[The Deputy Mayor played the barrel organ]
Eight decades of international friendship between the cities of Bath and Alkmaar in the Netherlands have been celebrated in the city’s Guildhall by members and supporters of the Bath-Alkmaar Twinning Association (BATA), and the Rotary Club of Bath.
The link with the Dutch City began in March 1945, after a Jewish man from Alkmaar, Eli Prins, escaped to Bath, and made many friends here, including Rotarians. As soon as the War finished, a citywide Alkmaar Appeal swung into operation, raising money and collecting clothing and cooking items to help those most affected by the German occupation.
The campaign was publicised with a small barrel organ, which was wheeled around Bath and neighbouring towns.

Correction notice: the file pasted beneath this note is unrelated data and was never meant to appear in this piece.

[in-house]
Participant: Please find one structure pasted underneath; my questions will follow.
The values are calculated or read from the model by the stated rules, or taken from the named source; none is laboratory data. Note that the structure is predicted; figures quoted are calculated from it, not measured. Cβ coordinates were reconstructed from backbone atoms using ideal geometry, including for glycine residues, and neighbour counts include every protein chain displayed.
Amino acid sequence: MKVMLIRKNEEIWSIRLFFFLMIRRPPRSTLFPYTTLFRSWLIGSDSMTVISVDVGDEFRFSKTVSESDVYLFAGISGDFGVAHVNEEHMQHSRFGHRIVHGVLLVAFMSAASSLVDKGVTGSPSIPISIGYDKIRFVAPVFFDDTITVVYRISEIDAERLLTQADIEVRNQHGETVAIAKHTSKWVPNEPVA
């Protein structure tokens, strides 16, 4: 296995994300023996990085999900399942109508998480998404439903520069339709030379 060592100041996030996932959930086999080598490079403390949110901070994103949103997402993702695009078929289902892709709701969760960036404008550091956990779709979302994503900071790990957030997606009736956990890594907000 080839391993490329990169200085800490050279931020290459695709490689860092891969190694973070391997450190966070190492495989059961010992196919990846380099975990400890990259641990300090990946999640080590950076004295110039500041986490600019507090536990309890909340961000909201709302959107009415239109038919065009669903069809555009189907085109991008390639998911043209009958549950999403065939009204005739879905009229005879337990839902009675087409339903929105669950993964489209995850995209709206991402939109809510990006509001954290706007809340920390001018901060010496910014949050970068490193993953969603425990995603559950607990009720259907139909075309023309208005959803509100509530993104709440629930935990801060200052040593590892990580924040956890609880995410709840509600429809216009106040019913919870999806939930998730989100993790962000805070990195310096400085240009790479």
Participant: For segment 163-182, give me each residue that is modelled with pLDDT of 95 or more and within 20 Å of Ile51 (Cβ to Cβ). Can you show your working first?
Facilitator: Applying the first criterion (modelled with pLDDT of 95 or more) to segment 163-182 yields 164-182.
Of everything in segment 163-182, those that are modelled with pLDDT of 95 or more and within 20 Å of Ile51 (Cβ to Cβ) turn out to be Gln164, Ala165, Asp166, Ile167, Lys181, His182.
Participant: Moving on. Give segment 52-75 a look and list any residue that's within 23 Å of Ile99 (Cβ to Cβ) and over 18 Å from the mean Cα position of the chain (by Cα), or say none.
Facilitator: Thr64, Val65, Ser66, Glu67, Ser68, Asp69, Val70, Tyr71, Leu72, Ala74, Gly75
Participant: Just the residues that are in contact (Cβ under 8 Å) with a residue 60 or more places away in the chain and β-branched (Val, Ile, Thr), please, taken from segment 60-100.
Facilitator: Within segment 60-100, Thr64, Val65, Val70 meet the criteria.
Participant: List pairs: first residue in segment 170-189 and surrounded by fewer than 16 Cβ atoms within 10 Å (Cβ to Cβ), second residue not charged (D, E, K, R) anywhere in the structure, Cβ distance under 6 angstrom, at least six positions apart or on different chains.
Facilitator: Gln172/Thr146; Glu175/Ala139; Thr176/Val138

Over the last eight decades, thousands of residents from Alkmaar and Bath have visited each others’ cities, with many sports clubs, musical groups, schools, and other organisations taking advantage of a warm friendship first forged out of the tragedy of war.
After Deputy Mayor of Bath, Cllr Yukteshwar Kumar welcomed guests, and author Aletta Stevens read some moving passages from her book telling the full story of how the link came about, “The Remarkable Journey of Mr Prins”.
Rotary President Simon Spalding, speaking to guests, said: “The spirit of Rotary which moved members to launch the Alkmaar Appeal in 1945 is alive today: I am delighted to report the Club has recently collected and donated £10,000 to the Help Ukraine Appeal.”
BATA Chairman, Chris Davies, thanked all who were helping keep this special city link alive. “When we planned this event, we never imagined we would once again be seeing the horrors of war in Europe with heart-breaking scenes of mass evacuation. It shows how important it is to keep building friendships between people, person-to-person, across borders.”